So what is it?
Exploration is by far the most learner-centred of the four strategies and the only one strategy that relies on the learner to make all the choices. It also represents the closing of the circle, because as with exposition, the first strategy we looked at, the learning design is both simple and relatively unstructured, in stark contrast to instruction and guided discovery.
With the exploration strategy, each learner determines their own learning process, taking advantage of resources provided not only by teachers and trainers but also by peers. What they take out of this process is entirely individual and largely unpredictable. As such, exploration may seem a relatively informal strategy, but no less useful for that. In fact it’s probably the way that a great deal of learning takes place.
How about some examples?
Exploration may play a small part in a formal course, perhaps a handout, a job aid or a list of books or links which learners can dip into if they wish. On the other hand, it could just as easily form the basis for a complete just-in-time performance support system in the workplace.
When should I use it?
Exploration is unlikely to be used in isolation, particularly with an audience of novices or dependant learners. However, it works well as a way for learners to follow up their interest after a formal course. More importantly, it can form the basis for a comprehensive programme to provide job-related information on demand. This can go further than top-down efforts to provide packaged information and support services such as help desks; it can extend to the use of all manner of social media technologies – communities of practice, forums, wikis, blogging and so on – to enable employees to share expertise on a peer-to-peer basis.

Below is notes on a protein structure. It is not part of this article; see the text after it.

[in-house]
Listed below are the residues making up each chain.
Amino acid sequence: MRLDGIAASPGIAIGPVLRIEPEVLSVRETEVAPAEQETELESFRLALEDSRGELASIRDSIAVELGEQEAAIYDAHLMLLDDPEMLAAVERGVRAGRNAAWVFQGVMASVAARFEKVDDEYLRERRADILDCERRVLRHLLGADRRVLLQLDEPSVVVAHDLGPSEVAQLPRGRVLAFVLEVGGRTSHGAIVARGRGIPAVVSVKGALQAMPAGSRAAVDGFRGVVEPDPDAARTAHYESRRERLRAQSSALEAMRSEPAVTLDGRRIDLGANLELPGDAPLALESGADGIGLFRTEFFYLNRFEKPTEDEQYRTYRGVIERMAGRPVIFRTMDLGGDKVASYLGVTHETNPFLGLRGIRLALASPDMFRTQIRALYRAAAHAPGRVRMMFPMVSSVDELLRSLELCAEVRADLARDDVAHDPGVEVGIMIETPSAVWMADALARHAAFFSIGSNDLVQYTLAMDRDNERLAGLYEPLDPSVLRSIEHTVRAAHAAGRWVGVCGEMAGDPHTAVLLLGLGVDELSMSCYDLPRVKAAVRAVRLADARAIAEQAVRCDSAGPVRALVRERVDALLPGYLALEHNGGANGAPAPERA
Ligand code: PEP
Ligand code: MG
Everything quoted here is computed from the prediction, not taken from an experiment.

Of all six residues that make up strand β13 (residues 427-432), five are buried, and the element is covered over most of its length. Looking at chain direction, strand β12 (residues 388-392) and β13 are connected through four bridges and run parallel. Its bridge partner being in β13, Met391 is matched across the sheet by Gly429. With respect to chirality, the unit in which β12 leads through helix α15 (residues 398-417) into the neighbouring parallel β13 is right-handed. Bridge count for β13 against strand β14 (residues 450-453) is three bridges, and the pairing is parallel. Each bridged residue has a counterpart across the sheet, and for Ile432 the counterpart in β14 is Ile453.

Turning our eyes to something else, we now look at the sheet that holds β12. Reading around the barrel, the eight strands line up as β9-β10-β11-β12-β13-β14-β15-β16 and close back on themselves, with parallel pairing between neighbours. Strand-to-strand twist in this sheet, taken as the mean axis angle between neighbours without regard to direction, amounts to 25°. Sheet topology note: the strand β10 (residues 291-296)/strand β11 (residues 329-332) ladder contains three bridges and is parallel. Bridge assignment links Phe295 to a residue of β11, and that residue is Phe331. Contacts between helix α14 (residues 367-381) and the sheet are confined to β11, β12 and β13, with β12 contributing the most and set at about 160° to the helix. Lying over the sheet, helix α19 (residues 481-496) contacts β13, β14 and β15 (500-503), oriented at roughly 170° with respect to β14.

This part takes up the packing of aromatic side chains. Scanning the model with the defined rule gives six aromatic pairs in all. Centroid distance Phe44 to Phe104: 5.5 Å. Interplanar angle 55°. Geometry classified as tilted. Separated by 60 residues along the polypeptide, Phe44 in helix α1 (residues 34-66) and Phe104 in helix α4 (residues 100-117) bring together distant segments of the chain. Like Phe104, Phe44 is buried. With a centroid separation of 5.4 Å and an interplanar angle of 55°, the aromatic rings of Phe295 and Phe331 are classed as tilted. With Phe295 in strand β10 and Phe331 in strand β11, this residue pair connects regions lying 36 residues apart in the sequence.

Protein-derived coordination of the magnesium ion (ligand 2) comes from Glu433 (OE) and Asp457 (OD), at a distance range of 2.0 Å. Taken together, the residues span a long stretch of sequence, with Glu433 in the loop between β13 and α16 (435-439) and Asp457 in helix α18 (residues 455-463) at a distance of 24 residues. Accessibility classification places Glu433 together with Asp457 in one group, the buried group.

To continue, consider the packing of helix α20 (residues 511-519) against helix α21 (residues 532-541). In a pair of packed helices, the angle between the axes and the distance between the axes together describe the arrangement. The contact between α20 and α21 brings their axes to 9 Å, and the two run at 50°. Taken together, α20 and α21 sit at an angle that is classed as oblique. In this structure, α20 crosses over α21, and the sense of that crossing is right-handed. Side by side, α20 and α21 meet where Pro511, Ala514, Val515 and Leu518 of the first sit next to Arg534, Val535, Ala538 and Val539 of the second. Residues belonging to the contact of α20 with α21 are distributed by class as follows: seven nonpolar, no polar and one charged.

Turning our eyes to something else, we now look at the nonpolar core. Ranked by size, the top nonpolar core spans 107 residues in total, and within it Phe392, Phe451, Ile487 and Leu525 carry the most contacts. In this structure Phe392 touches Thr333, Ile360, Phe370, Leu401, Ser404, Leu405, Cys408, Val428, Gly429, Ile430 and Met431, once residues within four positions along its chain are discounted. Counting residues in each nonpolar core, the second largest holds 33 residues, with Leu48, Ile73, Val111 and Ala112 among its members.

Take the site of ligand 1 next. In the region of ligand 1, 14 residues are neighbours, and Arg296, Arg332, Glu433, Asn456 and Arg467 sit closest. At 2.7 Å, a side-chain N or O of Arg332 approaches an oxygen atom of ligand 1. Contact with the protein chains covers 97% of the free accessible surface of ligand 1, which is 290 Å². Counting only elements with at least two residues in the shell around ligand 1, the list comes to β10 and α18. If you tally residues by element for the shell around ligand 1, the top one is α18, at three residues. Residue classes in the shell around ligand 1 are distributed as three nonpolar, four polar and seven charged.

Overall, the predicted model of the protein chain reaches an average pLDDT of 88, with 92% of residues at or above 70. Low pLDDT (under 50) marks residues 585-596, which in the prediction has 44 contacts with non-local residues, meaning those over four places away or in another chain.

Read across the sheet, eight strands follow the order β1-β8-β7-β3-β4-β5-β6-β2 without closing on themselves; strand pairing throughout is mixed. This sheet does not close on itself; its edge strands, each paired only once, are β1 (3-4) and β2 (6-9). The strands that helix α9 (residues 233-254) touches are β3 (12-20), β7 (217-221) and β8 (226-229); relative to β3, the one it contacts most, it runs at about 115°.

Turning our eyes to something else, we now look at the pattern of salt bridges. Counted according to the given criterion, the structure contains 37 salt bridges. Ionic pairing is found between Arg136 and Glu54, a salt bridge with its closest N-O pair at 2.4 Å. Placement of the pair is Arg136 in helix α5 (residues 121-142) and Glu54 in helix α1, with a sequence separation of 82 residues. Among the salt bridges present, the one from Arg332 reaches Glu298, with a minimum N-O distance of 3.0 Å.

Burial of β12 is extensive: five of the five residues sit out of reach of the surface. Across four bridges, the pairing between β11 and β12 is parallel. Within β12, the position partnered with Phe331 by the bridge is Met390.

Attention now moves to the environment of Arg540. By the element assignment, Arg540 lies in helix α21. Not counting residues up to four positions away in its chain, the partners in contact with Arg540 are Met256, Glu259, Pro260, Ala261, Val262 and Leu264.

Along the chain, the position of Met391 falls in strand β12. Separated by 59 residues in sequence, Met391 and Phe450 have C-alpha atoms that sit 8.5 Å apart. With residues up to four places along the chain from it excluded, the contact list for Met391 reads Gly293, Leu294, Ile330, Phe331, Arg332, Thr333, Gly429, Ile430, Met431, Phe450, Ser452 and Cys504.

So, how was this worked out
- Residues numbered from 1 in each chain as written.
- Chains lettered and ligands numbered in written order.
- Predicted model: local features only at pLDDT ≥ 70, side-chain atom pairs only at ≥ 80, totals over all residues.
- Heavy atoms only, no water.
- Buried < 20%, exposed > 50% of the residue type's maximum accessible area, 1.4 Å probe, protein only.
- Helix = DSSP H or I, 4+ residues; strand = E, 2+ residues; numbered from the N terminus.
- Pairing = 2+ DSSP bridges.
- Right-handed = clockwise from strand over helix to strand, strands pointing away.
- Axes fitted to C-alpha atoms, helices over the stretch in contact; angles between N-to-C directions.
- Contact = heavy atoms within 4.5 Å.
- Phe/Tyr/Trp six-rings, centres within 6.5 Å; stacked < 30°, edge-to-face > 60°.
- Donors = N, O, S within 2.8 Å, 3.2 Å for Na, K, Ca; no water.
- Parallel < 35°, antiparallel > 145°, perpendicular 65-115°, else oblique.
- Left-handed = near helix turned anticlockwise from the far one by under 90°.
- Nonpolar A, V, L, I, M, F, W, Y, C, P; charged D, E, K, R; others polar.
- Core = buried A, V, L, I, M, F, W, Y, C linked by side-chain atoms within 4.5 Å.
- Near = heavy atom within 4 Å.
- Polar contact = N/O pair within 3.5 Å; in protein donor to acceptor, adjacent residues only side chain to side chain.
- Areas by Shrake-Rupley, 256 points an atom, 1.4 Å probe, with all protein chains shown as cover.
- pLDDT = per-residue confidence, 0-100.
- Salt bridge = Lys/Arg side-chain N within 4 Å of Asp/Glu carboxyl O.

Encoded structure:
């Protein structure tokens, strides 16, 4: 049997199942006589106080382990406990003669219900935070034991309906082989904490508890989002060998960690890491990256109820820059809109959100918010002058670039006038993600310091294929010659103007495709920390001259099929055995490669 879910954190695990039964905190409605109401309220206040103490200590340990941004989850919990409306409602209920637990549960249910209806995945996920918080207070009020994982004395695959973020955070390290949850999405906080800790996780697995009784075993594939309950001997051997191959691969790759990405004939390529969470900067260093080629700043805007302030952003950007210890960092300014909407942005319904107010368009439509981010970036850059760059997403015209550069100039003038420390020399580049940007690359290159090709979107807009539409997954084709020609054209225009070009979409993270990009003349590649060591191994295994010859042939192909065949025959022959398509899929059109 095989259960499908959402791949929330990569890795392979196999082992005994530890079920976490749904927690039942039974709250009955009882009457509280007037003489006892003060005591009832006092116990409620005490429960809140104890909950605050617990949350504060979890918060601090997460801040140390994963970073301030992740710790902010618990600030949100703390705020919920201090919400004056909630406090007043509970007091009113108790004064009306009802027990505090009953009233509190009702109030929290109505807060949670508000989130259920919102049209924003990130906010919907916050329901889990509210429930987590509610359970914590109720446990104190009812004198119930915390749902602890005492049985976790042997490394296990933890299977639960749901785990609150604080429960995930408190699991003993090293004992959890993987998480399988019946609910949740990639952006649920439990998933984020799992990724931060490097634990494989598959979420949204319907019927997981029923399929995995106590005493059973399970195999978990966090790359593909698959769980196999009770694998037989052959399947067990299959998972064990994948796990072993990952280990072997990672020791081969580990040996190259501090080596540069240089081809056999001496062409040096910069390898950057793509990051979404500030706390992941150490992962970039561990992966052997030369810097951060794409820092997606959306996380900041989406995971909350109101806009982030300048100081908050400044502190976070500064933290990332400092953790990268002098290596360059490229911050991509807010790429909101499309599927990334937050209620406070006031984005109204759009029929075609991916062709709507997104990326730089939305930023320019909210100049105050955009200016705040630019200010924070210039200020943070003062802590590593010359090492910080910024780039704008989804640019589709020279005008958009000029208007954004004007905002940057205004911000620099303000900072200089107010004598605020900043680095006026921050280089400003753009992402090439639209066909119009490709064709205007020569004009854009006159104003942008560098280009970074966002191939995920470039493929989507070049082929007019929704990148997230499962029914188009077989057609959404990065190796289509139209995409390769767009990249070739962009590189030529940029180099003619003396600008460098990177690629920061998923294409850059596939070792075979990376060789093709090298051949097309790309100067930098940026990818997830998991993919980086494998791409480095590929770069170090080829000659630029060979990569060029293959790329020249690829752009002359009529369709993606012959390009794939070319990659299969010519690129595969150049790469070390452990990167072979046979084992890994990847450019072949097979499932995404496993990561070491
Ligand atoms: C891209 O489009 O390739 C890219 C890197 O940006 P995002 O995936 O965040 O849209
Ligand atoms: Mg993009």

The role you play is clearly going to be very different from the three previous strategies. With exploration, the emphasis shifts ‘from courses to resources’, so what is needed is no longer a lecturer, instructor or a facilitator, more a curator. What’s important here is to smooth the way for learners to find the resources they need and to locate like-minded peers. As curator, you may find yourself categorising and organising content and making learners aware of significant new offerings. You also have a role in ensuring the infrastructure is in place to support content sharing, search, setting up communities of practice, finding experts and much more.
Exploration is not a universal strategy by any means. Novices and dependent learners will struggle with so little structure and direction. Important top-down initiatives cannot rely on such woolly and inconsistent outcomes. But there’s no doubt that the trend is towards more learner-centred approaches: more pull less push, more just-in-time than just-in-case, more flexibility and less structure. The key, as ever, is not in following the fashion, but knowing when the time is right to use each of these strategies appropriately.
You’ve read them all. So what now?